ImClone Systems has posted a loss for the third quarter, hit by a $50 million charge relating to patent litigation, but its cancer drug Erbitux is showing promising signs of growth again.

The firm’s loss was $916,000, or $0.01 per share, compared with net income of $57.3 million, or $0.65, a result which was mainly due to the aforementioned $50 million charge to settle a patent dispute with the Massachusetts Institute of Technology and Repligen Corp over Erbitux (cetuximab). The total settlement was $65 million.

Revenues slipped 2.1% to $147.5 million but ImClone’s royalties from the sales of Erbitux (cetuximab) booked by European partner Merck KGaA and Bristol-Myers Squibb were up 12% to $87.9 million. ImClone gets a 9.5% royalty of Merck’s revenues from the drug and a 39% royalty from B-MS. License fees and milestone revenue were down 45% to $19.2 million, however, which is a result of the firm’s amended agreement with B-MS, which will see the latter up its commitment to developing Erbitux in other indications.

The company said that the latter decrease was due to the fact that the like, year-earlier results were boosted by a one-time bolus of sales of $15 million related to pent-up demand for the Erbitux plus competition from Amgen’s rival drug Vectibix (panitumumab), though ImClone said that the second quarter saw it reverse a negative sales trend observed since the introduction of panitumumab in the third quarter last year.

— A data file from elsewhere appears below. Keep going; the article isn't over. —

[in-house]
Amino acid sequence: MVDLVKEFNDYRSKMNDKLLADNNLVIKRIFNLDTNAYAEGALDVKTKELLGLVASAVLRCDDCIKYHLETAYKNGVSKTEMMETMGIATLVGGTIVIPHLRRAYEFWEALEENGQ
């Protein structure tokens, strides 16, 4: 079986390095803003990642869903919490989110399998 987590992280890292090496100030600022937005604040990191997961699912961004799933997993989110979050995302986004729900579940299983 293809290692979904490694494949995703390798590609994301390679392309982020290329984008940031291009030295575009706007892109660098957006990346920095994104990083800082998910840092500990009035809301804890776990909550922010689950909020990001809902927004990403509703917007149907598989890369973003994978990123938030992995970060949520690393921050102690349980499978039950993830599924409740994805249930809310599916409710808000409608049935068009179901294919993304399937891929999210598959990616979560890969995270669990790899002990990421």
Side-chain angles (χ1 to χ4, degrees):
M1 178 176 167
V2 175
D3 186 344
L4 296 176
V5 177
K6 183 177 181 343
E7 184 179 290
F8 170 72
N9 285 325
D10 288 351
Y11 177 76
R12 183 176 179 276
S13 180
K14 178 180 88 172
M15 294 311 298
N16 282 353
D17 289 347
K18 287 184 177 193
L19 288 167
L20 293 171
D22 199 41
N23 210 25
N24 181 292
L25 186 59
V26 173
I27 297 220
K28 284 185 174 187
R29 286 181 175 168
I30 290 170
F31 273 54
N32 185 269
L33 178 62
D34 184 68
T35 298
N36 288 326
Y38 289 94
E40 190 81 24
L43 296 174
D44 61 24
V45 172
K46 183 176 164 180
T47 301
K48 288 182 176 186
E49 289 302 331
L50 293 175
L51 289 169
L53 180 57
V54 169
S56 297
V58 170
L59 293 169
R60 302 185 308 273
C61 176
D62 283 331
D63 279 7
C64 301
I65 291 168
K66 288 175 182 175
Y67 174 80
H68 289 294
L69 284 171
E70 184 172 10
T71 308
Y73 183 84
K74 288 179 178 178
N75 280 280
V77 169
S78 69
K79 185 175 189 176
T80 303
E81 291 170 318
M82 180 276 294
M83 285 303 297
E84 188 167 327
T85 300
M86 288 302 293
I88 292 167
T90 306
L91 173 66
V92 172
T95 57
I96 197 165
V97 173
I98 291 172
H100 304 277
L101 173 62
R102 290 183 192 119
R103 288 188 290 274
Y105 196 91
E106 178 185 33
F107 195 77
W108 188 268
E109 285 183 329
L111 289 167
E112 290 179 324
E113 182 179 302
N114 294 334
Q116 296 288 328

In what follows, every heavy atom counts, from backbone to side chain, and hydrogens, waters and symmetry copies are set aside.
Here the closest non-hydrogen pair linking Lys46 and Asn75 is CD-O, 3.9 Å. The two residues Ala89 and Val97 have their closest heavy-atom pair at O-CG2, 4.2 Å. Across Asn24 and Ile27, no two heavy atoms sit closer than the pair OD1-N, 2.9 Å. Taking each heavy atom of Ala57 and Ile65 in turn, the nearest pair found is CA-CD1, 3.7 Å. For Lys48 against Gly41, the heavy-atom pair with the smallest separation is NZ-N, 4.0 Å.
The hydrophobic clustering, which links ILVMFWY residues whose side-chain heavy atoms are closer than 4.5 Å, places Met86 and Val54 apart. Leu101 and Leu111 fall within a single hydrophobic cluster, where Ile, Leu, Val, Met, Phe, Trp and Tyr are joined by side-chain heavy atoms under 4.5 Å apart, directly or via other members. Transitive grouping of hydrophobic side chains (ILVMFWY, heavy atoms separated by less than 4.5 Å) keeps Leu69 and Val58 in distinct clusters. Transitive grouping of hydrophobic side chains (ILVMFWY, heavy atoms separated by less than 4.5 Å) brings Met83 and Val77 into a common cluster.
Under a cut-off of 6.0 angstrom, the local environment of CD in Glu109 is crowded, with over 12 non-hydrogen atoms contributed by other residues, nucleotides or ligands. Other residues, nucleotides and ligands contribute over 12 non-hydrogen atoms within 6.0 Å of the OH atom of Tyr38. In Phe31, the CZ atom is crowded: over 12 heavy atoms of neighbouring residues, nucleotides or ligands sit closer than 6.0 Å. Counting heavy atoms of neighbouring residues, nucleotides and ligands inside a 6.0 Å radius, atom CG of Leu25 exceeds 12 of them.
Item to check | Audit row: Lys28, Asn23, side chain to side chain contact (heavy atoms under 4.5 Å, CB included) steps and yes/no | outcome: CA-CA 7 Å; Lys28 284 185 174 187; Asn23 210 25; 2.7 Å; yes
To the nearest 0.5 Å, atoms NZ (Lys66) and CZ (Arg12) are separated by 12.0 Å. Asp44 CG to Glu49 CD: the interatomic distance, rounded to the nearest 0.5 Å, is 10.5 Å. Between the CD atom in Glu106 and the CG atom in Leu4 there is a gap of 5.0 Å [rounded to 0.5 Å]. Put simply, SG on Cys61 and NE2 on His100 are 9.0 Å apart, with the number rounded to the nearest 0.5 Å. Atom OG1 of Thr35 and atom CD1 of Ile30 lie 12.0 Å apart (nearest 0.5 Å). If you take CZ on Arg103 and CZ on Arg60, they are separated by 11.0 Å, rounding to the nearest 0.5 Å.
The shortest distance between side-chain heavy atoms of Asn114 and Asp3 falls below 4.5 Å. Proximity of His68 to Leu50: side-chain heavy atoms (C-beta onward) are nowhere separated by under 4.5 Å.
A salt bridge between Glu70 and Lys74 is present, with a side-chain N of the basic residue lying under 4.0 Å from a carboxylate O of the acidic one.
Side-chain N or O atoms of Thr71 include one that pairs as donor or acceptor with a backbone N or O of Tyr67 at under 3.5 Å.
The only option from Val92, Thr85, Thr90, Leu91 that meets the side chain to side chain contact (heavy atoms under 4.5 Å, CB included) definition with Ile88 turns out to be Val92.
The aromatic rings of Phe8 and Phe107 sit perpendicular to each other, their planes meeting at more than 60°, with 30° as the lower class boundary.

Erbitux is currently indicated for colon and head-and-neck cancer but ImClone is under pressure, not least from its billionaire chairman Carl Icahn, to get approvals for the drug in other indications. In particular, all eyes have been on the FLEX study, the most recent findings from which “establish Erbitux as the only EGFR-expressing monoclonal antibody to demonstrate survival in the first-line treatment of patients with advanced non-small cell lung cancer", said chief executive John Johnson.

Cowen and Co analyst Eric Schmidt issued a research note saying that the most important factor for ImClone's share price “continues to be the quality of data from the FLEX trial” and positive data “could open a $1 billion-plus opportunity for Erbitux”. However, JPMorgan analyst Geoffrey Meacham said he was remaining neutral on the stock, especially in the light of “the modest benefit” seen in another Erbitux trial, CRYSTAL, which is looking at the drug as a treatment for metastatic colorectal cancer.